The Problems with Multi-culturalism

In Canada, multiculturalism has become the primary referent for what we like to think of as our pluralistic, accepting, or, at least, tolerant society. And yet, the category itself doesn’t get much critical analysis. In the last few years of my work I have seen a few take-downs of this concept and I am generally convinced that though the term played its part in a more intolerant past, the term today may be holding us back from solving many problems. Over at Restructure! there is a post quoting Dr. Sunera Thobani and her critical stance on multiculturalism:

I think multiculturalism has been a very effective way of silencing anti-racist politics in this country. Multiculturalism has allowed for certain communities—people of colour—to be constructed as cultural communities. Their culture is defined in very Orientalist and colonial ways—as static, they will always be that, they have always been that. And culture has now become the only space from which people of colour can actually have participation in national political life; it’s through this discourse of multiculturalism. And what it has done very successfully is it has displaced an anti-racist discourse.

I have my own critiques as well:

1. Multiculturalism assumes stable, static, cultural boundaries. In its attempt to say different cultures are part and parcel of Canada, it also solidifies these into unwavering essenses.

2. It follows from this that culture becomes policed. It brings in the spectre of “authenticity”, and in practice only serves to contrast them against Canadian society at large–whatever that is.

3. Multiculturalism doesn’t reflect the reality of cultural play. Cultures are constantly shifting and in continual dialogue. Indeed, the category of culture itself is problematic. Where does one culture end and another begin? There is no such thing as cultural borders… rather, what seems to be the case is highly diffuse conglomerates, networks, inroads, borrowings, synchretisms, nostalgias, romanticisms, appropriations and rejections, comparisons, culture-trolling, and so on.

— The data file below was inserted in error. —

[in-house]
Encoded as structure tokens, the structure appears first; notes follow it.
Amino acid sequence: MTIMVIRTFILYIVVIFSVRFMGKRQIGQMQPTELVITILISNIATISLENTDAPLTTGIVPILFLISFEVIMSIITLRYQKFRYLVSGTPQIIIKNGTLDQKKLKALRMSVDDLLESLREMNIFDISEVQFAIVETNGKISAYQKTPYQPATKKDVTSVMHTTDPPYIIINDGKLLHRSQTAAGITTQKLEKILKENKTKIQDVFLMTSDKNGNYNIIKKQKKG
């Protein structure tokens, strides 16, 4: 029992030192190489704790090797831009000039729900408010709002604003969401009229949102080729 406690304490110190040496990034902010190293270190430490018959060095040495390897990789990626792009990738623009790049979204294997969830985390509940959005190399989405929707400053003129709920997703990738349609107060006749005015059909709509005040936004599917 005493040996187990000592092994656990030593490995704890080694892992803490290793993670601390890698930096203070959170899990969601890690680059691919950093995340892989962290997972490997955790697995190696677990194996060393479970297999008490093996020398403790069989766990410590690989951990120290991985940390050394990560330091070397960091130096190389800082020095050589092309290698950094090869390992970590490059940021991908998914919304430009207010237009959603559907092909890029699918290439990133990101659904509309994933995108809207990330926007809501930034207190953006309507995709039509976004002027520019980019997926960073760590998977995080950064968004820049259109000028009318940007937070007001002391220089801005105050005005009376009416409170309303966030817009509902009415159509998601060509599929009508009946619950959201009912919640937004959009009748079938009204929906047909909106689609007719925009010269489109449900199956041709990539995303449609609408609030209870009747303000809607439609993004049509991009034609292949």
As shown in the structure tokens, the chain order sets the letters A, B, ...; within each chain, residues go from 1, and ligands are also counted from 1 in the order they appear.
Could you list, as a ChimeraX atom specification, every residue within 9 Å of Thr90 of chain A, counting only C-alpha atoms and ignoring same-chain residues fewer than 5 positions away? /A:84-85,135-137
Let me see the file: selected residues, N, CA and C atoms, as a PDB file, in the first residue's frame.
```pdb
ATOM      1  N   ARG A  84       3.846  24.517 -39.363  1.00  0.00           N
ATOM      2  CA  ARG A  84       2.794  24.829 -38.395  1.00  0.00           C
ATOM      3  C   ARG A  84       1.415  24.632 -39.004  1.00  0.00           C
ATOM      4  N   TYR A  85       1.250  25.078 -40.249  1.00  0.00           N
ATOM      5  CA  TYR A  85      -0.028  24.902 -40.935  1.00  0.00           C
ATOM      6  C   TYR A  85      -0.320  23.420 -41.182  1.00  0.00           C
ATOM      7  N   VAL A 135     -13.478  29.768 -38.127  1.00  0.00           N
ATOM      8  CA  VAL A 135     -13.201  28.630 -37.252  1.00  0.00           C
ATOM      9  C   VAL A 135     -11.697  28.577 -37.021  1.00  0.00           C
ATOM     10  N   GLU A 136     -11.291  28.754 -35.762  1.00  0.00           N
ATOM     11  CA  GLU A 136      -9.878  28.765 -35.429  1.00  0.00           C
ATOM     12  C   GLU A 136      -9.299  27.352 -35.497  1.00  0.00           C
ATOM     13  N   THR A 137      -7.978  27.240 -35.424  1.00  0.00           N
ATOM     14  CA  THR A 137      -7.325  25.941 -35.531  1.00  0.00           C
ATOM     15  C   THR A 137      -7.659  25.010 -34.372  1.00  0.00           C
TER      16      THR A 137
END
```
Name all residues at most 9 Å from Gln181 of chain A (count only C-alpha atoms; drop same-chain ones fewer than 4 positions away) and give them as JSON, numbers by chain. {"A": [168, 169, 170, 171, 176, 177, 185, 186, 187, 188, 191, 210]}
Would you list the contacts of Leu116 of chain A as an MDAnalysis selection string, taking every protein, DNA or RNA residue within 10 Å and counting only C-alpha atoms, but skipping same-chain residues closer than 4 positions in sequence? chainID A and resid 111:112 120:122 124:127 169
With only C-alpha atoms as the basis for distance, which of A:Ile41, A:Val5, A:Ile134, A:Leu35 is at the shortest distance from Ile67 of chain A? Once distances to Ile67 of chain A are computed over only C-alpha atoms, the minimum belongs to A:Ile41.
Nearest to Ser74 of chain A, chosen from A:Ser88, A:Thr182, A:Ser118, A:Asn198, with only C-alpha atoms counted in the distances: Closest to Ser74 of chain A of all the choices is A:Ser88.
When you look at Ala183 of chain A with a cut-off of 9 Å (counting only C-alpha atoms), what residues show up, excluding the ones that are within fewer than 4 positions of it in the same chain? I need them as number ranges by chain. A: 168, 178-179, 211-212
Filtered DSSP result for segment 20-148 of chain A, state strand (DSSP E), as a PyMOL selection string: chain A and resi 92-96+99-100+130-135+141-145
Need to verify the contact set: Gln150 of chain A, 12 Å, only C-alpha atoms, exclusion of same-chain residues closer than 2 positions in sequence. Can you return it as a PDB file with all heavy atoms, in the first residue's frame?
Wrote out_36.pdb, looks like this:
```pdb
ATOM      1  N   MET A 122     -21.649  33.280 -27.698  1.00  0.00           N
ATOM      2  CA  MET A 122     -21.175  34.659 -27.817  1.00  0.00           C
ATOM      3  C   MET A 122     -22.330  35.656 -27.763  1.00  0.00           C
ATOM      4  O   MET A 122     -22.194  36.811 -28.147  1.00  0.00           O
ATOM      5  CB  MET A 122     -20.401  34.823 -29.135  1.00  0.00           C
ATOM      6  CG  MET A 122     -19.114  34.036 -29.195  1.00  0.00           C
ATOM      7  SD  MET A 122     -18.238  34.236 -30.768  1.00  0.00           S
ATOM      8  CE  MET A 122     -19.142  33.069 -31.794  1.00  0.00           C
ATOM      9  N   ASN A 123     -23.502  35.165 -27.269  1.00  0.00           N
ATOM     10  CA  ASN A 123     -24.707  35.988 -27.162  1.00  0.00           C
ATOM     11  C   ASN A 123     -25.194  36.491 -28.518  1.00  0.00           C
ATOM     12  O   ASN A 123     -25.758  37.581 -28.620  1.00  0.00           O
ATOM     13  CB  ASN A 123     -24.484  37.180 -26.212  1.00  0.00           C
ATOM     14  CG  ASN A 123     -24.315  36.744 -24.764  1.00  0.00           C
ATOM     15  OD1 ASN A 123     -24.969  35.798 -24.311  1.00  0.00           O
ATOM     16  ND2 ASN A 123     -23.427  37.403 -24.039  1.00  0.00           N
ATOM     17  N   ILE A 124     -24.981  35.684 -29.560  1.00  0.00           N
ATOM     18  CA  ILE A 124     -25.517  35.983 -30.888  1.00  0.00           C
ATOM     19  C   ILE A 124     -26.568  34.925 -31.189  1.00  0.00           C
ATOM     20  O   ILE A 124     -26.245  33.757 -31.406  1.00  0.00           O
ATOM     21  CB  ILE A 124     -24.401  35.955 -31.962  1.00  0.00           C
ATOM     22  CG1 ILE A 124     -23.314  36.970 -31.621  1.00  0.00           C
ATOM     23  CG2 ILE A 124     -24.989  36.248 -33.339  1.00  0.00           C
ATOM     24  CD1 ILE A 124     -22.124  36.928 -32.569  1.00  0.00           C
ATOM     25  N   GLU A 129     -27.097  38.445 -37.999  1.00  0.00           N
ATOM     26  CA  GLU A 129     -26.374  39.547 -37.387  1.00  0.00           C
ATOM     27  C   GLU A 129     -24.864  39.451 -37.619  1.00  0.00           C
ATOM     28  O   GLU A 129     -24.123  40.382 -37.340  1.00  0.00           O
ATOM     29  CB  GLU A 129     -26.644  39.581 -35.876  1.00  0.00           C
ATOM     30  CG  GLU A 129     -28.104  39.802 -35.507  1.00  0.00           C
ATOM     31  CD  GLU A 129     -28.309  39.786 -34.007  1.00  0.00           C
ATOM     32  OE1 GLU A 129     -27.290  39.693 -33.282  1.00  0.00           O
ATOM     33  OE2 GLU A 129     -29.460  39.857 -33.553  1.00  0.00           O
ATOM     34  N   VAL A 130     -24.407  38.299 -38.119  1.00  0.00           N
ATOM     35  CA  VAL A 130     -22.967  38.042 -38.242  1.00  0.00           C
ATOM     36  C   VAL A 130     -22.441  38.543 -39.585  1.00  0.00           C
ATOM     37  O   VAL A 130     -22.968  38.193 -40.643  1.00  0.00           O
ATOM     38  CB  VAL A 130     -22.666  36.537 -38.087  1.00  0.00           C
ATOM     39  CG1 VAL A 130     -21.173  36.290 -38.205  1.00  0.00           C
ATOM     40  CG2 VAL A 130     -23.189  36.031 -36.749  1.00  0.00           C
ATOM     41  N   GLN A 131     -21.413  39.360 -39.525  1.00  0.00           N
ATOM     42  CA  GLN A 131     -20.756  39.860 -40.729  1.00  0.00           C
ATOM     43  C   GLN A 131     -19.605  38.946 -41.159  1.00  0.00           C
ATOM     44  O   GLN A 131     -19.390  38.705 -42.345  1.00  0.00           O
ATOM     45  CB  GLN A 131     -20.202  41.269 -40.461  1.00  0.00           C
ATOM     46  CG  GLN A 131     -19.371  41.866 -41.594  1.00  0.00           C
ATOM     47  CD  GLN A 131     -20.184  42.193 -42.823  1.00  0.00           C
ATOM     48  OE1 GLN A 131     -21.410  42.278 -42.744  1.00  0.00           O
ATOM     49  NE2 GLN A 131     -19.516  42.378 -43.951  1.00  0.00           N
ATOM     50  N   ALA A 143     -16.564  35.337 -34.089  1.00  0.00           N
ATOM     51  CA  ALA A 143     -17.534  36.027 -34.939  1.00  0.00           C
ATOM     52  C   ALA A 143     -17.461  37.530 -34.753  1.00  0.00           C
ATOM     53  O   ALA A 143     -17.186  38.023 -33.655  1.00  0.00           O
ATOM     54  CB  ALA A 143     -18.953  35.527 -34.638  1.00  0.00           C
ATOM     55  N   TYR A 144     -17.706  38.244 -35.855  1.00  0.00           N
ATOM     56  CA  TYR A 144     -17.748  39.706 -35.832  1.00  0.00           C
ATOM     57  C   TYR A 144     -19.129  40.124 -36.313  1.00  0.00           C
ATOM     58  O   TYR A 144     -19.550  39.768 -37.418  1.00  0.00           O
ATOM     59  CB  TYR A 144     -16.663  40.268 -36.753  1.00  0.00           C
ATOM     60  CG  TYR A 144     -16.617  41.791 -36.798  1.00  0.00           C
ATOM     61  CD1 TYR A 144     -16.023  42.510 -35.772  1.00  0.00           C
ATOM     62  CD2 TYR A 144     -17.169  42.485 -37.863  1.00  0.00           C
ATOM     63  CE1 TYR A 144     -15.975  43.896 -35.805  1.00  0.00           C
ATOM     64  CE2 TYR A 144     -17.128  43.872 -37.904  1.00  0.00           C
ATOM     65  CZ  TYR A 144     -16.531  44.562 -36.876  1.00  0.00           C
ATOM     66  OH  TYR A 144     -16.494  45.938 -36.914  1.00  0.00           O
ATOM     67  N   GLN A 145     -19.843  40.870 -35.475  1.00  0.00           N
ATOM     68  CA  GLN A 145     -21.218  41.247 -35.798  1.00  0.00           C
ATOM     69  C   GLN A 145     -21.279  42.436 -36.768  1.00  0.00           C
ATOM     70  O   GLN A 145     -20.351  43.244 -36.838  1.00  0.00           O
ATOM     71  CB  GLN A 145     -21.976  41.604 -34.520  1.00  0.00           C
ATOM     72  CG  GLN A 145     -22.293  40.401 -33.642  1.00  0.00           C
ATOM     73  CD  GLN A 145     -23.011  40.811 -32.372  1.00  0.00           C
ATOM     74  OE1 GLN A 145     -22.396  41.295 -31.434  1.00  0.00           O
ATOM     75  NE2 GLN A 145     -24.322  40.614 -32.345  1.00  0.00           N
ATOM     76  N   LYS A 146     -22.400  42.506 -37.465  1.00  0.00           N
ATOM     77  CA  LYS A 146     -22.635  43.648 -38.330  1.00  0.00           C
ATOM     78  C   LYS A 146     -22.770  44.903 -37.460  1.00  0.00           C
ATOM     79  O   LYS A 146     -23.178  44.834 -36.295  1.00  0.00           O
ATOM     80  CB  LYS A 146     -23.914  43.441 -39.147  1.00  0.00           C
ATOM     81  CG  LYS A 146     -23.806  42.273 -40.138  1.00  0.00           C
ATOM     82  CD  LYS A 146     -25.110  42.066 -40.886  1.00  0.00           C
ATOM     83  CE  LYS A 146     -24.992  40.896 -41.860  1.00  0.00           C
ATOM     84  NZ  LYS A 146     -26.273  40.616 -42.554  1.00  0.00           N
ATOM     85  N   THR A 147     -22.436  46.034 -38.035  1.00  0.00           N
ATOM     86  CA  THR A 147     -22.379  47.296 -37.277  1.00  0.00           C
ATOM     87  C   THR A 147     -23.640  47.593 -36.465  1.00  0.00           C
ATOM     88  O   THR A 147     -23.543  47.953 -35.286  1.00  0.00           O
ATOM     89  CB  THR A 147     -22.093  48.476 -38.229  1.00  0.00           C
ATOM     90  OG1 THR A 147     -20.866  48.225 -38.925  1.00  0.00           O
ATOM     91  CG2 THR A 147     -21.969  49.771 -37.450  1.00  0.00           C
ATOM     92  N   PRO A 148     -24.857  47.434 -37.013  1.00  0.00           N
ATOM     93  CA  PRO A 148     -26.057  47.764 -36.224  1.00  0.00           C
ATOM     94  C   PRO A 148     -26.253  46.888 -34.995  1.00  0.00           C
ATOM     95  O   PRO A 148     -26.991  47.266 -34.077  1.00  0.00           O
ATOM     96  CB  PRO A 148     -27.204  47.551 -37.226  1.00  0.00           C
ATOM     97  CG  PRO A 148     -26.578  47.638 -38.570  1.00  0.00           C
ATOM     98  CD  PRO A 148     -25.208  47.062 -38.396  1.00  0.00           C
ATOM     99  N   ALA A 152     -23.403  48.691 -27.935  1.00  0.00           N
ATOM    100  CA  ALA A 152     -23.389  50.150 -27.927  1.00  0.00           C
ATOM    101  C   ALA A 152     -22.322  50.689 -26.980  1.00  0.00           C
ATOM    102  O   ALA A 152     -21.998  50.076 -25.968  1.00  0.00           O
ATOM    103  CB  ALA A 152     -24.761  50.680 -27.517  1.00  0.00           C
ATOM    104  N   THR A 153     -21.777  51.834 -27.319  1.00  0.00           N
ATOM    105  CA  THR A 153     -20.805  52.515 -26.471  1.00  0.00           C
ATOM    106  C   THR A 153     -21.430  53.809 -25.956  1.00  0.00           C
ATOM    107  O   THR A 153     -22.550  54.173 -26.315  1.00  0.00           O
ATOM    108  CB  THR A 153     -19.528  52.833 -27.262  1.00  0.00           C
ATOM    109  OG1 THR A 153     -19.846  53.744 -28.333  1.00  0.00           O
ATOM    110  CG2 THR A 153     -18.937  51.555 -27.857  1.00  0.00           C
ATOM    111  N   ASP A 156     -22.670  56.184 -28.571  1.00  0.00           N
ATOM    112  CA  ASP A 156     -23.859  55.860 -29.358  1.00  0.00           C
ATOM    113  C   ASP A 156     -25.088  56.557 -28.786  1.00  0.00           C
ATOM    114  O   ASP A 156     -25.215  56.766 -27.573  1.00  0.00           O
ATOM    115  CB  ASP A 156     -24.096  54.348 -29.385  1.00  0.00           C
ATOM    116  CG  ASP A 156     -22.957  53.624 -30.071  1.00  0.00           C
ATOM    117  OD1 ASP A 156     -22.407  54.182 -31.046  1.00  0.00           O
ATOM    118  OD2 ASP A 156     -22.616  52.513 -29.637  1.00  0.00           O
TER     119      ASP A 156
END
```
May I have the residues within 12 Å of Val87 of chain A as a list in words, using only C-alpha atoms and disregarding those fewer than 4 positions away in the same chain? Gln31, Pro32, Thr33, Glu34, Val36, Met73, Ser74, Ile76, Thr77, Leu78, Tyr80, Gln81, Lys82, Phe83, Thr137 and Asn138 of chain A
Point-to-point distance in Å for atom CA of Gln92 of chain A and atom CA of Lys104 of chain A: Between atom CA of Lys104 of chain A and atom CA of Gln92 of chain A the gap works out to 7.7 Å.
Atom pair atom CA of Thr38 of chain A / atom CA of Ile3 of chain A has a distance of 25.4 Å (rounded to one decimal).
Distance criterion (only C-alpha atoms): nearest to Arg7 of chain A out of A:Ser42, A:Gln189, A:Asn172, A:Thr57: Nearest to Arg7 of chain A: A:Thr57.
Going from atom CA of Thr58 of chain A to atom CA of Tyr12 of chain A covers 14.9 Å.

4. Finally, this term doesn’t do justice to the lived experience of Canadians who often have to negotiate multiple complex and dynamic cultural forms and identities.

h/t: Missives from Marx


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2 Responses to “The Problems with Multi-culturalism”

  1. Dominique Millette Says:

    This is thought-provoking and relevant. It reminds me of the debate surrounding cultural fusion (is it appropriation or isn’t it) and biracial identity. Apparently one must choose a single category on certain census forms. And the point you make about traditionalism being a badge of “authenticity” is also very important, since yes, all cultures evolve over time.

  2. fuzzytheory Says:

    Thanks! I think there is this tension we are feeling today between “owning” one’s heritage or oppression versus the realities of the intersection of complex identity formations. So, yeah, you are right that all cultures change over time, and I think this tension I speak of impacts how people interpret “their” “culture” and what they choose to hold on to.

    From another viewpoint, I think the term culture is actually one of, if not THE, fundamental basis for modernity. There is this discourse about barbarity in the global scene, the prime example being religious fundamentalism. But if we look at this more closely, we see that fundamentalism is like any other modern phenomenon. The binary of tradition/modernity is mobilized and people pick and choose what is ok to innovate on what “traditions” must be kept–keep in mind, usually those traditions they speak of are actually reconstructions and innovations in and of themselves.

    So, interestingly, I actually think the concept of “culture” is itself an ideological tool used for all sorts of discursive purposes, for good or ill, in all sorts of ways. The policing of “authenticity” is a very common one.

    What do you think?

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